BEIRUT — A Lebanese man held in the United Arab Emirates on charges of links to the militant Hezbollah group has been sentenced to life in prison, while five others were ordered released, a relative said Wednesday.
Abdulrahman Chouman, 39, was on trial with seven other Lebanese men, all Shiite and long-time residents of the Emirates. They had been in detention for over a year. Most of them worked for the government-owned Emirates Airlines.
Chouman trained airline staff and local police on safety, security and anti-terrorism measures.
The relative, speaking from Lebanon, said two others were sentenced to 10 years. They included a relative of Chouman. Five others were ordered released.
Chouman’s relative said he has 30 days to appeal the sentence. There was no immediate word from Emirati officials.
The UAE, along with Saudi Arabia and other Gulf nations, has joined the United States in slapping sanctions on Hezbollah’s senior leadership, part of an effort to crack down on the group, a major ally of Iran.
The relative said Chouman, a resident of the Emirates for 15 years, was charged with being one of the leaders of a terrorist cell with links to Lebanon’s Hezbollah group. Chouman was no longer held in solitary confinement after spending most of his detention period there.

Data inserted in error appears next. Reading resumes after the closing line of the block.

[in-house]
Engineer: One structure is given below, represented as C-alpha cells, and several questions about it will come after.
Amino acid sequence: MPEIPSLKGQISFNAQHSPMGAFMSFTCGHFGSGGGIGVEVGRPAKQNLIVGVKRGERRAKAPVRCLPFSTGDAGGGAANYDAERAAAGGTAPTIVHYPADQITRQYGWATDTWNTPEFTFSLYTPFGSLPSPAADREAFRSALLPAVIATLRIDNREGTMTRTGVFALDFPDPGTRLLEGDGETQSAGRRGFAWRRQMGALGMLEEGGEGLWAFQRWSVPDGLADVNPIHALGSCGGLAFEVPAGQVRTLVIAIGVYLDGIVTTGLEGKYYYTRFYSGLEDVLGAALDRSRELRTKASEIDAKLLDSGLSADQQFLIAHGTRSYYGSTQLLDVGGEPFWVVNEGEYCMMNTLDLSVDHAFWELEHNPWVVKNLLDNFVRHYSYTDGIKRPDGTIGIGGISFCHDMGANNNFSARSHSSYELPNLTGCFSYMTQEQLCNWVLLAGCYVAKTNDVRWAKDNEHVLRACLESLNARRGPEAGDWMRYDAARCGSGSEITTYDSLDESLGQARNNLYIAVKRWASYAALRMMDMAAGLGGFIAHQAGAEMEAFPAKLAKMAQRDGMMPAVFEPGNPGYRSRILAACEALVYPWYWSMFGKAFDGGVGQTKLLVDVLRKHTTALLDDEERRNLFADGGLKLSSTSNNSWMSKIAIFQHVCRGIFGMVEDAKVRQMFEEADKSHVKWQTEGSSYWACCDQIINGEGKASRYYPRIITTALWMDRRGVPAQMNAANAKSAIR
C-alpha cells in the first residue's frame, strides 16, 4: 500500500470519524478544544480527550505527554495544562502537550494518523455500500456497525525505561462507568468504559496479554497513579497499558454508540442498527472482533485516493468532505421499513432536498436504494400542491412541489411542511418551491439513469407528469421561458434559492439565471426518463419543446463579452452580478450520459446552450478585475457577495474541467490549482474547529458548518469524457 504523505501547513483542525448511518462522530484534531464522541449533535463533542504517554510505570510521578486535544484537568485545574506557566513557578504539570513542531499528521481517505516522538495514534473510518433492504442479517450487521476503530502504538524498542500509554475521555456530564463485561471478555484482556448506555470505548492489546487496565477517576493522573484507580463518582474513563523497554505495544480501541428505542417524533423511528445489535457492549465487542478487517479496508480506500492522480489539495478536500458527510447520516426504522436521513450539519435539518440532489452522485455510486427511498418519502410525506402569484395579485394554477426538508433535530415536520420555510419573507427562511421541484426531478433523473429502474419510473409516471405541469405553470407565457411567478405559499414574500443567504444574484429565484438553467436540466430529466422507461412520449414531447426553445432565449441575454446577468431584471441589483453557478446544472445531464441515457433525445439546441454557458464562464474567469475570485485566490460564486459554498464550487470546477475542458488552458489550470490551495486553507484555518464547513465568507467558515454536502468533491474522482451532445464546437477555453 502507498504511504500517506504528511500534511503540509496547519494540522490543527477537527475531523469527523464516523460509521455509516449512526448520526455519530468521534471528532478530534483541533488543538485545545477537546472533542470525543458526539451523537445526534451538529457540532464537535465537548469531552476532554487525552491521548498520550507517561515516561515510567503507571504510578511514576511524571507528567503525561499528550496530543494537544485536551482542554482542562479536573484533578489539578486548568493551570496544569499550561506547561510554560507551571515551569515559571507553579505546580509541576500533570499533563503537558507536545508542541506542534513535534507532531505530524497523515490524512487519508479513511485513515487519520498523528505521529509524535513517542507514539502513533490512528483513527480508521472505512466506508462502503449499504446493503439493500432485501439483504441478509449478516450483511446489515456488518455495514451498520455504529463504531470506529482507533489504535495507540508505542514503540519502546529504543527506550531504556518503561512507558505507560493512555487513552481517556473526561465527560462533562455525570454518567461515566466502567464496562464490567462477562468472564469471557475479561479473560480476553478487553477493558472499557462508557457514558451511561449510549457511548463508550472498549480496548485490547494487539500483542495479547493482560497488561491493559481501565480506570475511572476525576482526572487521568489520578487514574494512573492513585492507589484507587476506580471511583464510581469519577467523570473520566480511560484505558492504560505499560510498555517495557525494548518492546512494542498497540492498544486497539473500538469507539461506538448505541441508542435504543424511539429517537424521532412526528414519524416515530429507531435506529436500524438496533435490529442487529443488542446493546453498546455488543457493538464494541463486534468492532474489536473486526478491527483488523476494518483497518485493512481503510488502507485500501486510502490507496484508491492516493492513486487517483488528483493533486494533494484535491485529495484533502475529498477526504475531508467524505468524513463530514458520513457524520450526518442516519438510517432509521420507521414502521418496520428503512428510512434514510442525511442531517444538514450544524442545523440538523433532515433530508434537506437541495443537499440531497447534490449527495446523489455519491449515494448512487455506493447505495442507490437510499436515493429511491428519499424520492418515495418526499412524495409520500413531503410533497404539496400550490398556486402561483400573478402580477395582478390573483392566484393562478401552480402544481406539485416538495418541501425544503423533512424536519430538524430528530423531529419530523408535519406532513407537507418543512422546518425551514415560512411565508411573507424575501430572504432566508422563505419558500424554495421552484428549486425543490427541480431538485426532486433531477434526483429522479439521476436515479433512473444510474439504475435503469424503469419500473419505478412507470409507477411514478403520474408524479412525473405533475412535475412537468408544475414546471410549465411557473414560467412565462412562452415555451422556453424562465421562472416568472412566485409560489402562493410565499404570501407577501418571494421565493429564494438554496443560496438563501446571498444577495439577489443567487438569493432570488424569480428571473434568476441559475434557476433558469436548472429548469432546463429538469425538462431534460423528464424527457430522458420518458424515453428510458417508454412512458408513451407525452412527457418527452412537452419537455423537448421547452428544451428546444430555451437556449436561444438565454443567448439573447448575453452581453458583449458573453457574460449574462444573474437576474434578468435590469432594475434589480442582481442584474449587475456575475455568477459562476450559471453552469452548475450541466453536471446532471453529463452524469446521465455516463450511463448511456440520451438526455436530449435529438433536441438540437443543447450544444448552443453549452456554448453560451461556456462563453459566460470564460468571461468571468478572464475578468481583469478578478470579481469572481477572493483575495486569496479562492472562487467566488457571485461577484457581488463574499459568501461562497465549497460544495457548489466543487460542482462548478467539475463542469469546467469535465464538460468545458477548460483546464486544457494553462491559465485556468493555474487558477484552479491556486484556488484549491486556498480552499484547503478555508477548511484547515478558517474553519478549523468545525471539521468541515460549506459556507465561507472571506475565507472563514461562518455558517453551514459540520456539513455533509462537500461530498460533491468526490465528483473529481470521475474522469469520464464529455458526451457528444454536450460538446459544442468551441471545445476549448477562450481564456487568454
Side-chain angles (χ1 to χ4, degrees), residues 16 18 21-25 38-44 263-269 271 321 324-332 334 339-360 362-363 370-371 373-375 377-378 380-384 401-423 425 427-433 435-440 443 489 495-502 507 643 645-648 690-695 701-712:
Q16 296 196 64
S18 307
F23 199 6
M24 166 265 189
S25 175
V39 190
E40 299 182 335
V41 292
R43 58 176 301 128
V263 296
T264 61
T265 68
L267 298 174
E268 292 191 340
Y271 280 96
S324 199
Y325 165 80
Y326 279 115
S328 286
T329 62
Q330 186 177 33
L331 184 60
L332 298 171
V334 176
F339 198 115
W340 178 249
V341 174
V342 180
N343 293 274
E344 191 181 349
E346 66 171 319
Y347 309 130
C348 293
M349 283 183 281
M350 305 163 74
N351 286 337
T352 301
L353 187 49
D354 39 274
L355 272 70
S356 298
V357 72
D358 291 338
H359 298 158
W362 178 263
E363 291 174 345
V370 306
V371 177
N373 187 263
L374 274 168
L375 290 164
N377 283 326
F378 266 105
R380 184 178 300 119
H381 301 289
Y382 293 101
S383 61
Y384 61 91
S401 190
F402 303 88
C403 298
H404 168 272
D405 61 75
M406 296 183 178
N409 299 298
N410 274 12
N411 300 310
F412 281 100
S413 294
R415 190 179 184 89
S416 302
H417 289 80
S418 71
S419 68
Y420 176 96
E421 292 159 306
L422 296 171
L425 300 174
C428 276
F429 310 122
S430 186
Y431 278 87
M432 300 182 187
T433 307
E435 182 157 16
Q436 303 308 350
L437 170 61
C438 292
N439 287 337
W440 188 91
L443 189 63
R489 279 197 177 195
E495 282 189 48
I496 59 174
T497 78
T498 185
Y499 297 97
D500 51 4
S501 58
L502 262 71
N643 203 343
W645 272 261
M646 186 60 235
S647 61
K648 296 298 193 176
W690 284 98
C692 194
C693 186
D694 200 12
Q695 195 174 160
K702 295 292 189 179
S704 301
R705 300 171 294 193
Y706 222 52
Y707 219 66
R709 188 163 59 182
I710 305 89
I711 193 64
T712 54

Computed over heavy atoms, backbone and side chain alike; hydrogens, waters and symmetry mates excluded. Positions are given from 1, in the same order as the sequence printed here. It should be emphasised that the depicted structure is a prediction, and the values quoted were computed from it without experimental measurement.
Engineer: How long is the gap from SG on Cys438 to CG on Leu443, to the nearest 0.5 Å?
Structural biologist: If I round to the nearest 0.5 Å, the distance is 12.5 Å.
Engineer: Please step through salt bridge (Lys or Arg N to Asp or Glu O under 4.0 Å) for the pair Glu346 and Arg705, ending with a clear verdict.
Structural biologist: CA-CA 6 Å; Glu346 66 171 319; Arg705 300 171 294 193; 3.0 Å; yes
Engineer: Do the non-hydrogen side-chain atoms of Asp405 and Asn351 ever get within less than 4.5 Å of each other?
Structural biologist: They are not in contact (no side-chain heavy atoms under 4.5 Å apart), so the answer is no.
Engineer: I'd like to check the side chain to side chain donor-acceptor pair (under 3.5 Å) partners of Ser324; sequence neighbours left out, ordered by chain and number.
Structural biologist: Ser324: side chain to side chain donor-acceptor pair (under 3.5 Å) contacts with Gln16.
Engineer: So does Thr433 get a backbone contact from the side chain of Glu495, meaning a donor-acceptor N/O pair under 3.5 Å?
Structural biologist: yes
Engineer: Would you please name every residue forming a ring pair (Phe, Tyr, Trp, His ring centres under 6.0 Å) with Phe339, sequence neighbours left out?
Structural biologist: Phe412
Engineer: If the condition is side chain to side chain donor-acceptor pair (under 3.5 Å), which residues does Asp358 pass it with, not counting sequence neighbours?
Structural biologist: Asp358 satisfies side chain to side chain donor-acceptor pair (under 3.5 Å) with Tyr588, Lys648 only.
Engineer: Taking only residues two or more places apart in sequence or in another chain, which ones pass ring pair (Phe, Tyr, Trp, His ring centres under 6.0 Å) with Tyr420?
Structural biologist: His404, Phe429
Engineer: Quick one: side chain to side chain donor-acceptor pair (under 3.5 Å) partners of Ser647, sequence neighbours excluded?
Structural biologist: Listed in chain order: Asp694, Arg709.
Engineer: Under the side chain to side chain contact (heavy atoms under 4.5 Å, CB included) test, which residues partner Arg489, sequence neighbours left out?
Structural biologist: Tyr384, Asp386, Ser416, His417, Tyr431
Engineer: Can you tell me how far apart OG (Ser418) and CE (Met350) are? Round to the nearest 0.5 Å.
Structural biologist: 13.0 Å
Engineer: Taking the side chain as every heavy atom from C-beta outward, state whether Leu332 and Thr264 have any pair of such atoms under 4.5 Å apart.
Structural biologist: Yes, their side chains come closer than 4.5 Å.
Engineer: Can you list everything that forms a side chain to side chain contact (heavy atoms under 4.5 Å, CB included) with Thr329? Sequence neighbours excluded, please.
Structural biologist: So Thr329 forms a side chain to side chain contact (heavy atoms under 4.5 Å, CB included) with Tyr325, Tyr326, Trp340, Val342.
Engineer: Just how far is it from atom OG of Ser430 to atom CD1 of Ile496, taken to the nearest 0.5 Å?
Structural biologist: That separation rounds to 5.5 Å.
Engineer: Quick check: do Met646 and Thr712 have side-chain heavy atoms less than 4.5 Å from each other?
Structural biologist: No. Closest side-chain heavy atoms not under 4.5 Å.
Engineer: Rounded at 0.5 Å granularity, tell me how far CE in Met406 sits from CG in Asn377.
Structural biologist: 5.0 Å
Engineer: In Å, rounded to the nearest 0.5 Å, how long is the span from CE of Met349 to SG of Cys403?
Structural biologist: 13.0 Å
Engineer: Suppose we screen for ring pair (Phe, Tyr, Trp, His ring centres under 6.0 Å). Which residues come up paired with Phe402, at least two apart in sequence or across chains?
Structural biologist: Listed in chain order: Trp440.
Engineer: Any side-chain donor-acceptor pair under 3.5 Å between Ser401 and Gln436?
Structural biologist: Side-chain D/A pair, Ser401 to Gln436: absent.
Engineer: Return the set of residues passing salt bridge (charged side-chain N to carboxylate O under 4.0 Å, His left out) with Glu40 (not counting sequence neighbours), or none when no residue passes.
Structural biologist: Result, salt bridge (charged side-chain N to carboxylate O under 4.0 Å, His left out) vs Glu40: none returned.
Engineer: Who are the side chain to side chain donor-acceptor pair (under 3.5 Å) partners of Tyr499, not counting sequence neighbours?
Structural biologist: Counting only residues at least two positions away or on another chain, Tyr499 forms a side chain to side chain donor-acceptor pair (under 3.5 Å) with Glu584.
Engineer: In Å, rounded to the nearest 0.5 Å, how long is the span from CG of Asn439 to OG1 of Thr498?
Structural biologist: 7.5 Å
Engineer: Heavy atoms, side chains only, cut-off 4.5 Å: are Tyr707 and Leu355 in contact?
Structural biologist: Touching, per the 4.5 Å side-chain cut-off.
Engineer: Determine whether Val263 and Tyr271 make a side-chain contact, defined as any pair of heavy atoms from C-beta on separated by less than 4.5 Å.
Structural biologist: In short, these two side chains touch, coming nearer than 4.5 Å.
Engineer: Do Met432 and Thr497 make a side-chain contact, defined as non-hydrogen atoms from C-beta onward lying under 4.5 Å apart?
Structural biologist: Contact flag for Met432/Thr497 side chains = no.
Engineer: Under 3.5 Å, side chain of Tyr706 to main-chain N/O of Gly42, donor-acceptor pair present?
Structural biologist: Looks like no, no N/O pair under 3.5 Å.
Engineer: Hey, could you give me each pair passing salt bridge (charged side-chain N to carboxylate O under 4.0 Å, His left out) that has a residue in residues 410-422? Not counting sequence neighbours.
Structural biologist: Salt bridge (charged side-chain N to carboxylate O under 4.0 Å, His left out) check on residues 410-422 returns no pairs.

The relative said Chouman has been denied access to his lawyer, echoing rights groups’ complaints that the men had been poorly treated during their detention.
New York-based Human Rights Watch had said the trial was marred with violations and irregularities, including brief hearings closed to the public and lack of access to defense lawyers.
Hiba Zayadin, a Gulf researcher for HRW, said it was not clear what evidence the UAE authorities had on the men. She said four defendants had no access to defense lawyers throughout the trial.
Zayadin said two of the men told the judge during the last hearing before the sentencing that they were tortured and forced to sign confessions while blindfolded. Their claims were not investigated or independently verified, she said.
“It is appalling that the UAE would sentence a young man to life in prison and two others to 10 years following a trial dogged with allegations of torture and forced confessions,” Zayadin said. “While it invests considerably in depicting itself as a progressive and tolerant state, the UAE’s grossly unfair trials year after year show the country’s true colors.”
Lebanese Foreign Minister Gebran Bassil had called on the Emirati authorities to release the eight in a message for the holy month of Ramadan earlier this month.
“We have all the proofs he is innocent,” Chouman’s relative said. “We need justice.”
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